Management: Do not use solanaceous crops (such as tomato or potato), or squash or raspberries for rotation crops. Do not use alfalfa as a rotation/cover crop. In addition, control pigweed and lamb’s-quarters which are also hosts for Verticillium. Preplant soil fumigation may help in managing this disease. See disease resistant variety chart for selection of resistant varieties.
Black Root Rot: Above-ground symptoms of this disease are similar in appearance to red stele. That is, a general lack of vigor and eventual collapse of plants especially during dry weather. Underground symptoms consist of blackened feeder roots and, eventually, structural and perennial roots. Structural roots will rot from the outside to the center, leaving the core white for a period of time, unlike red stele where the core is usually red.
Black root rot has no simple causes or remedies. It is a disease complex, involving several pathogens combined with plant stress. The key pathogens include Rhizoctonia, Pythium, and lesion nematode. The pathogens involved in this disease are commonly found in soils but usually don’t cause disease symptoms on healthy plants, but stressed plants are more susceptable. Strawberry plants may be stressed in a number of ways, including drought, winter injury, root feeding insects, nematodes, poor nutrition, soil compaction, and improper herbicide use. Stresses reduce the plant’s resistance to disease. Root rotting pathogens may infect and continue to damage plant roots and crowns long after the initial stress,
Management: Control of black root rot in an existing field is difficult. Stress management is the key to black root rot management. Therefore, replacing winter mulch that has blown off, irrigating during dry weather and after renovation, maintaining good nutritional status in the plants, and not allowing the soil to be compacted are important practices to reduce plant stress and thereby reduce possibility of black root rot developing in the field.
The long-term strategy for managing black root rot relies on site selection and crop rotation. Choose a site which has well drained soil with good soil organic matter content and has not grown strawberries recently. Where black root rot has been a problem, a rotation with a 3-6 year period without strawberries is recommended. This long rotation is needed because causal organisms can persist in the soil for a long time. Using a variety of crops and cover-crops in this period is recommended to help break up the disease cycle and avoid alternate hosts of this disease. Banded or in-farrow applications of strobulurin fungicides may reduce or delay infections in infected fields.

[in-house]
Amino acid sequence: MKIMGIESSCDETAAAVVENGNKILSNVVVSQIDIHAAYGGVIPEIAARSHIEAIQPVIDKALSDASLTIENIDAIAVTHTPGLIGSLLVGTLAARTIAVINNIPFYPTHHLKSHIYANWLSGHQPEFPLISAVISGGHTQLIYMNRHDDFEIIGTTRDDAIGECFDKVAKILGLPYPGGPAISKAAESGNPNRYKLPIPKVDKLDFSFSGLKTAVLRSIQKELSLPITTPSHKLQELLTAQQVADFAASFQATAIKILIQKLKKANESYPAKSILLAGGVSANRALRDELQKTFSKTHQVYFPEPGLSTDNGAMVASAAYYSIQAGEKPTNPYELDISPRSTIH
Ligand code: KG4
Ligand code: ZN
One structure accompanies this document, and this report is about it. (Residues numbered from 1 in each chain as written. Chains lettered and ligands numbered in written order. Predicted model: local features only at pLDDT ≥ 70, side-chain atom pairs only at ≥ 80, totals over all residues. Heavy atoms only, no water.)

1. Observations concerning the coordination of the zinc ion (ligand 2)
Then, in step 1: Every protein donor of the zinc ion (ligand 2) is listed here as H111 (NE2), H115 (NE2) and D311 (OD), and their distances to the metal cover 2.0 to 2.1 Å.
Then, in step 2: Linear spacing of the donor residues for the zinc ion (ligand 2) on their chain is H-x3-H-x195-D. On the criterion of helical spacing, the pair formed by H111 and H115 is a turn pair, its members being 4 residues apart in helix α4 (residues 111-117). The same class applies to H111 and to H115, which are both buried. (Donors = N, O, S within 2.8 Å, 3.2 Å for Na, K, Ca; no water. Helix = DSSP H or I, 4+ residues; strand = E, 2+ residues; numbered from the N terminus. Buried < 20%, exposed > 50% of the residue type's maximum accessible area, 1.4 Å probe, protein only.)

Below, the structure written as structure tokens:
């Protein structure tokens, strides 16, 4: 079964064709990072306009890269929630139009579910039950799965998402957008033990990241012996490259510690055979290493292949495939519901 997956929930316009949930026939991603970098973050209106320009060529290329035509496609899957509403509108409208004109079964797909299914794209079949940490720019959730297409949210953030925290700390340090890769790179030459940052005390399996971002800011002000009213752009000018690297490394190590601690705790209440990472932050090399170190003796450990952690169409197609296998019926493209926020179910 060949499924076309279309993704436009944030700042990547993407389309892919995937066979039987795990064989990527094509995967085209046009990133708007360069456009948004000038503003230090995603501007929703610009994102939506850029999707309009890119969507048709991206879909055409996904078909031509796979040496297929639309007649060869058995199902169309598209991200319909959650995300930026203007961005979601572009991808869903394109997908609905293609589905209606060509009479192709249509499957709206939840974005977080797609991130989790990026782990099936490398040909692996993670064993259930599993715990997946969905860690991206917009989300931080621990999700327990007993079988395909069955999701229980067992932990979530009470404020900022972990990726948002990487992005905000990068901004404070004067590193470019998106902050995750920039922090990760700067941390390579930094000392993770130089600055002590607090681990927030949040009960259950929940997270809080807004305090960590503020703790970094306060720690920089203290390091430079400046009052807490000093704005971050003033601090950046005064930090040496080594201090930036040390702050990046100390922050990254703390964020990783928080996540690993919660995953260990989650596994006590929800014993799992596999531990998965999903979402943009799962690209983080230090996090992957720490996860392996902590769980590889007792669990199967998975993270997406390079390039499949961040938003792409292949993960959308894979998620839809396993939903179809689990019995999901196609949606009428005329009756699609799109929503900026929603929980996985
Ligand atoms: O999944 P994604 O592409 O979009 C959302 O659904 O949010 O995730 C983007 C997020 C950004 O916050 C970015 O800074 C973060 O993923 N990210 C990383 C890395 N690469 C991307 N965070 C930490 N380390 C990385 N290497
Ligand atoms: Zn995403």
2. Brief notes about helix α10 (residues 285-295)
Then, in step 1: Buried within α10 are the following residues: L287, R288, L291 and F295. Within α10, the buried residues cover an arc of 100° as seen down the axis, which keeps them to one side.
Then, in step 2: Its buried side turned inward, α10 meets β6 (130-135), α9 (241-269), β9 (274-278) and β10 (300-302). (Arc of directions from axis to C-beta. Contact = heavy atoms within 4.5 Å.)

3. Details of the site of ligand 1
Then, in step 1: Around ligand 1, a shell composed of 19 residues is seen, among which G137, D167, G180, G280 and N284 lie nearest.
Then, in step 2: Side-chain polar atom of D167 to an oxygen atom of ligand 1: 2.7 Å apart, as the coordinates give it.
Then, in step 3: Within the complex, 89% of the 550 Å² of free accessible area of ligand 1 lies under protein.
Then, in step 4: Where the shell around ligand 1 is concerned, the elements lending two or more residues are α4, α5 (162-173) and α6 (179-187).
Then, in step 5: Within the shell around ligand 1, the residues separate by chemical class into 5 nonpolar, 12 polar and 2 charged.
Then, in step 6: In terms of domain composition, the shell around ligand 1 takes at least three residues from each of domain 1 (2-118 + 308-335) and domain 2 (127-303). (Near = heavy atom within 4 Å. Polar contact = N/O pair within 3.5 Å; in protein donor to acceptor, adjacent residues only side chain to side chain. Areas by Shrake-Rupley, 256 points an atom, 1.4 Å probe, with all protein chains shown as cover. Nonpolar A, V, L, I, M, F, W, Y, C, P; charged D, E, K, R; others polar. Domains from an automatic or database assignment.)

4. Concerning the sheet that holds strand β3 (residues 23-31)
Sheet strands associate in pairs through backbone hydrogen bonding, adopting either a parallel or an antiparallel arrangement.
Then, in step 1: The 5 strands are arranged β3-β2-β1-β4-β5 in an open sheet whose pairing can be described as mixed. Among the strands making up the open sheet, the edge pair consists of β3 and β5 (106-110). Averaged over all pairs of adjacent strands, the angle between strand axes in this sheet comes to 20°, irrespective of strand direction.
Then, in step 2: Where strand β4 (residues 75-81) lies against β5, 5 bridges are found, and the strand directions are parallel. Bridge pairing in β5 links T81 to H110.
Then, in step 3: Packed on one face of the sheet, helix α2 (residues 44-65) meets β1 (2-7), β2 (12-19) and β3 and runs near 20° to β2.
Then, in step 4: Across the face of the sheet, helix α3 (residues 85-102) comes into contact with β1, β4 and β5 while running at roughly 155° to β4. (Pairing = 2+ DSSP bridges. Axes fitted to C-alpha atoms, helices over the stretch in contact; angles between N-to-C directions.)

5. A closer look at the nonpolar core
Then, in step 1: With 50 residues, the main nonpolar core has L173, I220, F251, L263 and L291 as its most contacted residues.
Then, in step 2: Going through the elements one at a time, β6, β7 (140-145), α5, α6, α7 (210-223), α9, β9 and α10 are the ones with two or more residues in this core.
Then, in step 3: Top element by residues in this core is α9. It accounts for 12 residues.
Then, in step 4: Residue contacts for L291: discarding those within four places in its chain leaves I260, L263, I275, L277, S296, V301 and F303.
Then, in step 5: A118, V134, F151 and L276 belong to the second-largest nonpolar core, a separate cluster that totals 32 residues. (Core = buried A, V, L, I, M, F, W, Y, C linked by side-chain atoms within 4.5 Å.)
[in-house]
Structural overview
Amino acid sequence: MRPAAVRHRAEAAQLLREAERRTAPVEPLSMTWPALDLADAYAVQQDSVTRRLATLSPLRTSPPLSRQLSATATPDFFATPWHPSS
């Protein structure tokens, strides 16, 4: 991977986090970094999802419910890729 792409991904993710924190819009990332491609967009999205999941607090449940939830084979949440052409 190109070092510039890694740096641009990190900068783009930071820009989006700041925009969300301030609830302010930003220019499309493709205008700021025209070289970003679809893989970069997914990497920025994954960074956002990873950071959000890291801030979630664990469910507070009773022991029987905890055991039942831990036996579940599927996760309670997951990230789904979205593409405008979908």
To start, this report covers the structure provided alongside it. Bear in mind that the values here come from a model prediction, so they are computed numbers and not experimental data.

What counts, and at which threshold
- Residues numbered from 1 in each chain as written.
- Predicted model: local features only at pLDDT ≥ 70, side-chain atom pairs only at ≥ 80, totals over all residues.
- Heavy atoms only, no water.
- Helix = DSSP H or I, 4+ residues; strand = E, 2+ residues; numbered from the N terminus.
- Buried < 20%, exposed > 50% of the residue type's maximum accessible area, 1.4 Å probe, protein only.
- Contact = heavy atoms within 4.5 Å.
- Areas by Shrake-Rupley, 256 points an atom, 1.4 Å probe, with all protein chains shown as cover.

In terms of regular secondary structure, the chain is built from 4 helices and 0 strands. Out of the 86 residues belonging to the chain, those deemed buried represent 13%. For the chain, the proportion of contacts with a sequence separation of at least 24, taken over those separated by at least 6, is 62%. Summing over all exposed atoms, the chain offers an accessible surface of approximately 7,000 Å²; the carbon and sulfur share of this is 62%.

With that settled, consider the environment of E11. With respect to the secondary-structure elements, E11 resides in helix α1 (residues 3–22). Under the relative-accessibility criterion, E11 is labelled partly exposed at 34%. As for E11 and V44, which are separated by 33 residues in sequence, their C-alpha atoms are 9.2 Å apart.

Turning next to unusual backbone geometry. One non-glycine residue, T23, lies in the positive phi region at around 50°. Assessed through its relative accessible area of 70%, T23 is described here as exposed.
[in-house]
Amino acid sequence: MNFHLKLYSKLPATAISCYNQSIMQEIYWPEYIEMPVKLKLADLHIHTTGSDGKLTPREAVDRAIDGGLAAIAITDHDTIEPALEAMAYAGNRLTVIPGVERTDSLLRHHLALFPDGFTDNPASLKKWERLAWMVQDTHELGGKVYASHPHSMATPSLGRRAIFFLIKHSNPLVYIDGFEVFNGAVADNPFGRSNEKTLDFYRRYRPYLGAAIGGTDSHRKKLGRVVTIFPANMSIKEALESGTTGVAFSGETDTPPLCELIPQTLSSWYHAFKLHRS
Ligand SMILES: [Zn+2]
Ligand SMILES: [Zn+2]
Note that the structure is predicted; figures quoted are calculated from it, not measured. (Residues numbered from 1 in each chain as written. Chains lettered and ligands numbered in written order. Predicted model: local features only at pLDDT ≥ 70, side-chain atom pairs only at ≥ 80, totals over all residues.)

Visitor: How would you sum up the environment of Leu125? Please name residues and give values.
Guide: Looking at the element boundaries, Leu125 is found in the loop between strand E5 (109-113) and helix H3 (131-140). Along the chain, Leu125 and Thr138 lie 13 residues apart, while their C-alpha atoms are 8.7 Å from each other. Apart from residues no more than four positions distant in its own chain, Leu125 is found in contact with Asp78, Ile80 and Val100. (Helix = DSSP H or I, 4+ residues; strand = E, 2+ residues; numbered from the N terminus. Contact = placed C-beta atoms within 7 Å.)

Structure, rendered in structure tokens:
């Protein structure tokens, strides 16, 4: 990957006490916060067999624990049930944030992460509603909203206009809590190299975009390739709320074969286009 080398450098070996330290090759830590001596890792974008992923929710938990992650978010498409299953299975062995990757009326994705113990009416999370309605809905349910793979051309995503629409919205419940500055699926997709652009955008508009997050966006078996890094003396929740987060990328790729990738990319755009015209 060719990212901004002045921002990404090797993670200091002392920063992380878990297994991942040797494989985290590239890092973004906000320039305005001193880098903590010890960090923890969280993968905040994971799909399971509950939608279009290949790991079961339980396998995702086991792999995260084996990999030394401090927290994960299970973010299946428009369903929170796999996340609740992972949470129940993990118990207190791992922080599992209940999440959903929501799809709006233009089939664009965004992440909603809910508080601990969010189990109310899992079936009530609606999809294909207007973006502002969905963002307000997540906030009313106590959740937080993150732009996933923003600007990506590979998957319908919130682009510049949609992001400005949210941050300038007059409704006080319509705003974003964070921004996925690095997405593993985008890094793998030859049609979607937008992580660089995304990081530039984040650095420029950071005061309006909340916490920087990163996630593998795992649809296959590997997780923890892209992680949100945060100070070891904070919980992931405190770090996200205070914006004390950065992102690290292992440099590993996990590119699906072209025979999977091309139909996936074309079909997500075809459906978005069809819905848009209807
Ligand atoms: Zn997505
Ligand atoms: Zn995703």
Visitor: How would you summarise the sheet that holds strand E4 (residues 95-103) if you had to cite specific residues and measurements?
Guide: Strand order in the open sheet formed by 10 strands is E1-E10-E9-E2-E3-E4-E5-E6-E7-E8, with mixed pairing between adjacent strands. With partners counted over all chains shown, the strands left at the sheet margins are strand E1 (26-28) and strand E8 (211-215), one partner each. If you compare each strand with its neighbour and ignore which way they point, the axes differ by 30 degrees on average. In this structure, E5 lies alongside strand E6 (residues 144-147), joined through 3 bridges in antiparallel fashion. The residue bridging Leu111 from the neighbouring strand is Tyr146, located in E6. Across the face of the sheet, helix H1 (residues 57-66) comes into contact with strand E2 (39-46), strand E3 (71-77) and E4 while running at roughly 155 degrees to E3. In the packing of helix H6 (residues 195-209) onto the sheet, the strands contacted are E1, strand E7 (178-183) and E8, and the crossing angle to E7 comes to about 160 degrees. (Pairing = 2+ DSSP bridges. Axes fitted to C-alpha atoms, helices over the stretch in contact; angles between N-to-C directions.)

Soil fumigation for controlling black root rot can work well, but can also fail under certain conditions. Fumigation sterilizes the soil of pathogens and beneficial organisms. Organisms reintroduced in this “clean” soil grow rapidly in the absence of competition or predators. Pathogens, even in very small quantities, in soil from non-fumigated areas carried into fumigated areas on shoes, equipment or roots of strawberry transplants, may allow pathogens to quickly build up to high levels. Thus, soil fumigation runs the risk of favoring Black Root Rot rather than controlling it. Moving to a planting site which has not grown strawberries recently, and is well-drained, is the best method of managing this disease.
Viruses are disease-causing organisms so small they cannot be seen with an ordinary microscope. Several viruses infect strawberries in the Northeast, and it is not uncommon for two or more viruses to be found within the same plant. Viruses in a plant may not show obvious symptoms. However, their presence does weaken the plant.
Loss of vigor and yield caused by viruses are more likely to show up when growing conditions are unfavorable and plants are stressed. Virus symptoms on strawberries, include chlorotic (yellow) spots or irregular patches on leaves. Leaves may crinkle, or otherwise be malformed. Herbicide injury and virus symptoms may be similar.
Management: Once strawberry plants are infected with a virus, they cannot be cured. The infection is passed on to all daughter plants via runners. Most viruses are spread from plant to plant via aphids. Chemical insecticides will not kill aphids before they are able to transmit viruses and may even stimulate aphids to feed. Planting virus-free material will decrease overall damage from virus diseases.
|— DISEASE RESISTANCE b—|
|AC Valley Sunset||Late||4||U||S||PR||S||U|
|San Andreas||Day Neutral||4||U||U||U||U||U|
|a Refers to USDA Hardiness Zones, bI=intermediate, PR= partially resistant, R= resistant, S= susceptible, T= tolerant, U= unknown. cIncludes leafscorch and leafspot.
For information on sources and further descriptions of cultivars listed above, visit Cornell University Horticulture Section
|Leaf Spot||Leaf Scorch||Angular Leaf
|Mettle 125 ME||3||++||++||0||0||++||0||0||0|
|a. Chemistry of fungicides by activity groups: 1=benzimidazoles and thiophanates; 2=dicarboximides; 3=demethylation inhibitors (includes triazoles; 4=acylalanines; 7=carboxamides; 9=anilinopyrimidines; 11=strobilurins; 12=phenylpyrroles; 13=quinolines; 17=hydroxyanilides; 33=unknown (phosphonates); M=chemical groups with multisite activity. Fungicides with 2 activity groups contain active ingredients with different modes of action.
b. 0=not effective; +=slight effectiveness; ++=moderate effectiveness; +++=very effective; --=insufficient data or not labeled = OMRI listed for organic production